|“I’m dropping out rather than be
crippled with a lot of debt.”
When considering the racial economic disparity in America, the usual inclination is to focus on poverty. Indeed, the data are disquieting. In 2008, 24.7 percent of blacks and only 8.6 percent of whites had incomes below the poverty level.
During the current recession, another disturbing statistic gained attention. Americans swelled the ranks of the unemployed; blacks, however, were adversely affected at almost twice the rate of whites — 16.5 percent to only 8.8 percent in March.
Now a new shocking report has generated international attention. The Institute of Assets and Social Policy (IASP) at Brandeis University disclosed that the wealth gap between white and African American families has grown more than fourfold between 1984 and 2007.
Wealth is the difference between the value of assets and the amount of debt. The value of one’s home was not considered because it is essentially illiquid. The gap grew from $20,000 in 1984 to $95,000 23 years later.
The most disturbing aspect of the report is that even middle income white households accumulated $74,000 in the 23-year period compared to only $18,000 for the average high income African American families, a gap of $56,000.
The IASP report was released only on May 17 and will undoubtedly inspire considerable research and analysis, but one finding creates a serious problem that African American leaders must consider now. With limited assets, many black families will be unable to pay for the education of their children, and children of parents with a substantial income may be ineligible for scholarships and sufficient student aid.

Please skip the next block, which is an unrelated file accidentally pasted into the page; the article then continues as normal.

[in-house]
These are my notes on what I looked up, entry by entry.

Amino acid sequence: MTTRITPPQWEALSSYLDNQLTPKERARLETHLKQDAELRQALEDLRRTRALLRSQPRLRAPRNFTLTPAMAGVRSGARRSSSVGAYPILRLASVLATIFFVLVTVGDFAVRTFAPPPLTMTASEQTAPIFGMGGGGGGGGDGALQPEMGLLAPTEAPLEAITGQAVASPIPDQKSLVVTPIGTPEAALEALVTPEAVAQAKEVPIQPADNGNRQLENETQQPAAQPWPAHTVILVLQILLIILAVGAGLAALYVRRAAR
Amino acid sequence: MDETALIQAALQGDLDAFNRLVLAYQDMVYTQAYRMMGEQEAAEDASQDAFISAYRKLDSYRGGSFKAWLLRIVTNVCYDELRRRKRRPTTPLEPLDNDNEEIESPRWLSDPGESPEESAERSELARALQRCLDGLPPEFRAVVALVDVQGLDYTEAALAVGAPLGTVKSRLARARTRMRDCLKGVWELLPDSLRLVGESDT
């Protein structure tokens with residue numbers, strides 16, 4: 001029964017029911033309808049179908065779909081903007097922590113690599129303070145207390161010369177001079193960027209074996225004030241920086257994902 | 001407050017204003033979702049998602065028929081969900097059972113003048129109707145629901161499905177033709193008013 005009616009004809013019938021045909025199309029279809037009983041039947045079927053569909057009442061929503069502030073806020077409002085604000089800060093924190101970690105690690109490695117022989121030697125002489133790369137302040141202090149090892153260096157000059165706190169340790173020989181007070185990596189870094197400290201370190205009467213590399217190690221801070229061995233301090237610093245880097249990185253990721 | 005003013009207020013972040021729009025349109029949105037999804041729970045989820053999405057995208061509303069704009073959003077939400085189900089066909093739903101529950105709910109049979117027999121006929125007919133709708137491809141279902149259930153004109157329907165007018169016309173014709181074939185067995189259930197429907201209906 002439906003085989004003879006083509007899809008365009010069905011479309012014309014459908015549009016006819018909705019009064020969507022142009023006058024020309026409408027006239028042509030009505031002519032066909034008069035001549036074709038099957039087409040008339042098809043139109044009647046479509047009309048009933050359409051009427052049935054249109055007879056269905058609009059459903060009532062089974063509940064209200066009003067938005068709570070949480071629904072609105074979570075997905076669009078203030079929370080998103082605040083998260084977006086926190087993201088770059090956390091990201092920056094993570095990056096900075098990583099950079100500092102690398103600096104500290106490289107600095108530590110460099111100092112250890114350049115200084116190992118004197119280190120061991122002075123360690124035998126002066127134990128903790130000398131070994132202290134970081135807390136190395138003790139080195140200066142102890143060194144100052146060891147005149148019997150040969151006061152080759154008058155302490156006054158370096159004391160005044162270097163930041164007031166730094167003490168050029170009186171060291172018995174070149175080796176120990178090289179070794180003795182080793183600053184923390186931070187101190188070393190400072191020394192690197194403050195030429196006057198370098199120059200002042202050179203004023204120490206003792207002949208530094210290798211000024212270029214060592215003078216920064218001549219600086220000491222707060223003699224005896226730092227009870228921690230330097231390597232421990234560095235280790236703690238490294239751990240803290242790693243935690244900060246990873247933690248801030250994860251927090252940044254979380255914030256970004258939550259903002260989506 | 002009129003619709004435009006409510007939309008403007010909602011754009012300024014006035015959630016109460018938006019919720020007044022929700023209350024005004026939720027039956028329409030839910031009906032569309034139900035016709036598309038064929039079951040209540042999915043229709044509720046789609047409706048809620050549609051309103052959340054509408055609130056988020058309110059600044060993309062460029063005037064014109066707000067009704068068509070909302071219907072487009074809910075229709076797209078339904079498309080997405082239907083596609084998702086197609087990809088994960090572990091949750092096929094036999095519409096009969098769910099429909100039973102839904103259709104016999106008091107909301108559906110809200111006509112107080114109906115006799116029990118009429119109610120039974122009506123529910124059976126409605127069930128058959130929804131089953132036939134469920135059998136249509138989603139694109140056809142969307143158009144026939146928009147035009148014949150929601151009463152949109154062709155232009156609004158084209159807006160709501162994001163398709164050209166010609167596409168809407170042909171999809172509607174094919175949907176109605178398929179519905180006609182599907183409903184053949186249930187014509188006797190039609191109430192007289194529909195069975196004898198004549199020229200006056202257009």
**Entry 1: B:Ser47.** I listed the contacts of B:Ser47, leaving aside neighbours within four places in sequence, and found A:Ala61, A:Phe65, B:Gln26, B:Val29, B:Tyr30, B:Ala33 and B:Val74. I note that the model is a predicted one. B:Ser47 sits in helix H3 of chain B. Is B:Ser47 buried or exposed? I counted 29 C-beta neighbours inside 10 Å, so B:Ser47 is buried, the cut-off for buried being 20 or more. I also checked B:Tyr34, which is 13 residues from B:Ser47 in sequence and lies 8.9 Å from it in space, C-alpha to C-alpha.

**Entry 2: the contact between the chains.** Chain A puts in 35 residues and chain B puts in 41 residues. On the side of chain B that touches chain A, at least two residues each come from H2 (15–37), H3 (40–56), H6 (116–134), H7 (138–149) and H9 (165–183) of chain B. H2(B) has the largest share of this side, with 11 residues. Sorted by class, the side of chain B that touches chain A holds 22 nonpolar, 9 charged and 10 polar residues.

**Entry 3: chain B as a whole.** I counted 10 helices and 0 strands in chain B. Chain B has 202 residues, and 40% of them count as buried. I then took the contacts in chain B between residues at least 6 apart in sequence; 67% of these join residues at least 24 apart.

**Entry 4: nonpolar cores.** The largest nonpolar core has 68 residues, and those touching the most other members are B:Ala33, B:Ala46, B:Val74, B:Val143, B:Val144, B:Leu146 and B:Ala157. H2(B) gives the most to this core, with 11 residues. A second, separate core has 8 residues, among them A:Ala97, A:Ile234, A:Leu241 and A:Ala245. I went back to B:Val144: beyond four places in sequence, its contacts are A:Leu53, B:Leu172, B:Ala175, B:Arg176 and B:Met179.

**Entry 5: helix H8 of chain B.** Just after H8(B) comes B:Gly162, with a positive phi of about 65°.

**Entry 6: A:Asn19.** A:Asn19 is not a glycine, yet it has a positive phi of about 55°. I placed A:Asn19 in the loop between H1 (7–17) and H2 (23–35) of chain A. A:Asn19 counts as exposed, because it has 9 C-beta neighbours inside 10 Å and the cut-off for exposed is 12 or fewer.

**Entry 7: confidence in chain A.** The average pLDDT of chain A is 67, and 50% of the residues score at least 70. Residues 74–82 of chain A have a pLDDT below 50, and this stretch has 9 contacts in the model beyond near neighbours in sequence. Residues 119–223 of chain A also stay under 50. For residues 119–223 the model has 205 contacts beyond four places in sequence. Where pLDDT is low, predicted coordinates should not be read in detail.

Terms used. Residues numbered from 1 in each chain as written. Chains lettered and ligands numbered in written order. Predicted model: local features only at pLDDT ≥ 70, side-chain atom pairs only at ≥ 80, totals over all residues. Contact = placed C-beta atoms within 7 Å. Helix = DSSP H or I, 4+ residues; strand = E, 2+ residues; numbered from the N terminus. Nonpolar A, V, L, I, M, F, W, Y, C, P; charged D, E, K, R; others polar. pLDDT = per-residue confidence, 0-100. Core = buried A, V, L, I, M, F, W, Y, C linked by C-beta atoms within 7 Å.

Wealth disparity could prove to be an impediment to the college education of moderately well-to-do black families.
The Texas Constitution requires the State Board of Education (BOE) to buy books and distribute them free to all public schools. However, the books are free only if they have been approved by the BOE. Book publishers have to satisfy the requirements of the BOE if they want to be assured of sales.
Texas and California are the largest markets for school texts. In 2003, the Texas book budget was reported to be $570 million. Sales volume of this magnitude gives the BOE substantial influence over the content of all new texts. The recent battle over criteria for new social studies books demonstrates the conflicts that can arise.
The 15-member BOE includes 10 Republicans and five Democrats. On May 21, in a vote along party lines, they approved standards which have been criticized as politically rather than academically derived. According to reports, Thomas Jefferson fell out of favor because of his insistence on the separation of church and state, and Phyllis Schlafly along with other conservatives have been revived as being historically significant.
As one might expect, the role of Mexicans and African Americans in Texas history as well as the significance of slavery have been given short shrift.
Apparently, conservative members of the Texas BOE are insensitive to the legacy of Mexicans and blacks in that state. Celebration of “Juneteenth,” in memory of June 19, 1865, when Texas became the last state to acknowledge the end of slavery, is hardly an ennobling substitute for significant historical inclusion.